Our results also showed that new media platforms such as WeChat (TikTok) and Weibo have become major information sources for an increasing number of people. While these platforms facilitate the exchange of useful information, they also provide space for rumors and false news, which may increase the public’s anxiety, especially during the epidemic. Although our results showed that mild anxiety was the main public mood, some intervention guidelines and measures had been released to intervene in psychological disorders [20], reflecting great progress compared with the situation during SARS when such interventions were seldom reported [24].

This study was performed in a province neighboring Hubei Province (the epidemic center). The conclusions can be applied to neighboring provinces of Hubei Province as well as other rural areas. However, this study had some limitations. First, this survey reflected only the degree of SARS-CoV-2 infection prevention knowledge among patients during the follow-up period at the beginning of the epidemic. With the strengthening of publicity, patients may be continuously exposed to information about virology and accumulate relevant knowledge, which may lead to changes in related data. Second, the preventive measures described in the current investigation were based on current recommendations. Further in-depth studies of this virus may reveal new mechanisms of infection and pathogenesis and may consequently result in new preventive measures. For example, high expression of ACE2 protein in the intestinal tract and skin epithelia [16] suggests that the digestive tract and direct contact are possible transmission routes of SARS-CoV-2. Third, due to economic reasons [20], patients with myocardial infarction who sought treatment at tertiary hospitals may not represent all patients with myocardial infarction. Lastly, we did not acquire education data from our respondents, which have proven that a lower education level was associated with an increased risk of SARS-CoV-2 infection [25]. The participants’ education levels were difficult to evaluate, as their mean age was 66 years (range 57–73 years).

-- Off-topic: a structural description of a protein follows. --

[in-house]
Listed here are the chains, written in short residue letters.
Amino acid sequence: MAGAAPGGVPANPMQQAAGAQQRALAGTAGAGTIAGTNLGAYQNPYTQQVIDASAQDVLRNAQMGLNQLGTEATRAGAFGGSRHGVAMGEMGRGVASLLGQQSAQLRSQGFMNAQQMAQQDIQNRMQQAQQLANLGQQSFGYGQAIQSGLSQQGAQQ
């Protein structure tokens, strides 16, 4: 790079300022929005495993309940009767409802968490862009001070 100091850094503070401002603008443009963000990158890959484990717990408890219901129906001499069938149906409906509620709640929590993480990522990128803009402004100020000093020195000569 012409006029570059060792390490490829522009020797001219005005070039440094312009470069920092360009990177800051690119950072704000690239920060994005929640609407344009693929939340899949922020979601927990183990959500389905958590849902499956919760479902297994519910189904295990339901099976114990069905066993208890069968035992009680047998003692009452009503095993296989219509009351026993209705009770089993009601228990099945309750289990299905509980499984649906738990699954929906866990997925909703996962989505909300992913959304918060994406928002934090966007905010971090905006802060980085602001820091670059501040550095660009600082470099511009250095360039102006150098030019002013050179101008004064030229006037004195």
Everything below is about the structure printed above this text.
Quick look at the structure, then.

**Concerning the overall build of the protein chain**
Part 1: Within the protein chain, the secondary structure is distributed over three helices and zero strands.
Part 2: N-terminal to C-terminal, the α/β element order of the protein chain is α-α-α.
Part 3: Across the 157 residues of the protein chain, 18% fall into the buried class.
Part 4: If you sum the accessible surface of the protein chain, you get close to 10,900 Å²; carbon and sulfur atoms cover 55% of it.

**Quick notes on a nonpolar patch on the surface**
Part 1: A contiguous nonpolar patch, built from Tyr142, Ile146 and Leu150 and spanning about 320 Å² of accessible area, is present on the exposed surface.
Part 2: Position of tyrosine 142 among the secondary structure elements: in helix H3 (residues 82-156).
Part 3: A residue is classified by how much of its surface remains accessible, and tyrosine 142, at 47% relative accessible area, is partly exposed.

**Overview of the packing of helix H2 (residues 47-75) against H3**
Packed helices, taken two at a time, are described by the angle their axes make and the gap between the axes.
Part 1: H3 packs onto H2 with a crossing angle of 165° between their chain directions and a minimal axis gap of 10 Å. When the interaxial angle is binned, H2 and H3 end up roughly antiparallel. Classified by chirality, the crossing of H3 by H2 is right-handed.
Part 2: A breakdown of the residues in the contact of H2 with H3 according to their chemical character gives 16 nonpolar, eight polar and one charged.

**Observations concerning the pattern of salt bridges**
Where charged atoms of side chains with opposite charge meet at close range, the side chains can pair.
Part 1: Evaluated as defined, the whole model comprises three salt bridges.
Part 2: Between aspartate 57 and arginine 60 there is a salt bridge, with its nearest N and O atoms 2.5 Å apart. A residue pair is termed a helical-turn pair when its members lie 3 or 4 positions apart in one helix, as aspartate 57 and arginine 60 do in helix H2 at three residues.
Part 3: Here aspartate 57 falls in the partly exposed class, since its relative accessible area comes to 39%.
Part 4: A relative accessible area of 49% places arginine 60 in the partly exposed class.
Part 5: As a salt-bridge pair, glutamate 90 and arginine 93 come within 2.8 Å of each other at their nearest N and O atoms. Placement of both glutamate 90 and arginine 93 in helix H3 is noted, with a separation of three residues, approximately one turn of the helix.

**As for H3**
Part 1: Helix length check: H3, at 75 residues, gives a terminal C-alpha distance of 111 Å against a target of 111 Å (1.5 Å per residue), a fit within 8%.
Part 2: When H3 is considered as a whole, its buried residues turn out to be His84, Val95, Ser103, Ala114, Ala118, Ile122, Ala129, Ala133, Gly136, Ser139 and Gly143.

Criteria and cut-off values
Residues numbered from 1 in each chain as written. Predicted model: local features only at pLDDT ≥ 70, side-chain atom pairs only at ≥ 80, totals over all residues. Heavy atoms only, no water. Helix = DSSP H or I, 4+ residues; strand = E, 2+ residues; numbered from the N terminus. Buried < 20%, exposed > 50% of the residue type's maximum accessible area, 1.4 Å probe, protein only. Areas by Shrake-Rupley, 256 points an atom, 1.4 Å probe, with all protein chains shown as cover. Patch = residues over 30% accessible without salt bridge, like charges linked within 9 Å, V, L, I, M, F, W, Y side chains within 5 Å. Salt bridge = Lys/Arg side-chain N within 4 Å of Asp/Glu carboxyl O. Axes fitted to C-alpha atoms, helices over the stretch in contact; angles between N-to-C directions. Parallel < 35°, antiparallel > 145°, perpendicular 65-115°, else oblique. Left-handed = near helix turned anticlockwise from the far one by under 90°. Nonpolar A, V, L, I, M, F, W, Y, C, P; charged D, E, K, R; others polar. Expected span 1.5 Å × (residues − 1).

Overall, we investigated awareness of the COVID-19 epidemic and the adoption of preventive measures in a susceptible population with previous myocardial infarction. We found that the overall awareness rate was high and that some preventive measures were being taken. Rural and female respondents lagged behind their urban and male counterparts in terms of knowledge of the transmission routes of SARS-CoV-2 and the adoption of preventive measures, and are therefore the focus of the next step in the prevention and control of the epidemic.

Supplementary Materials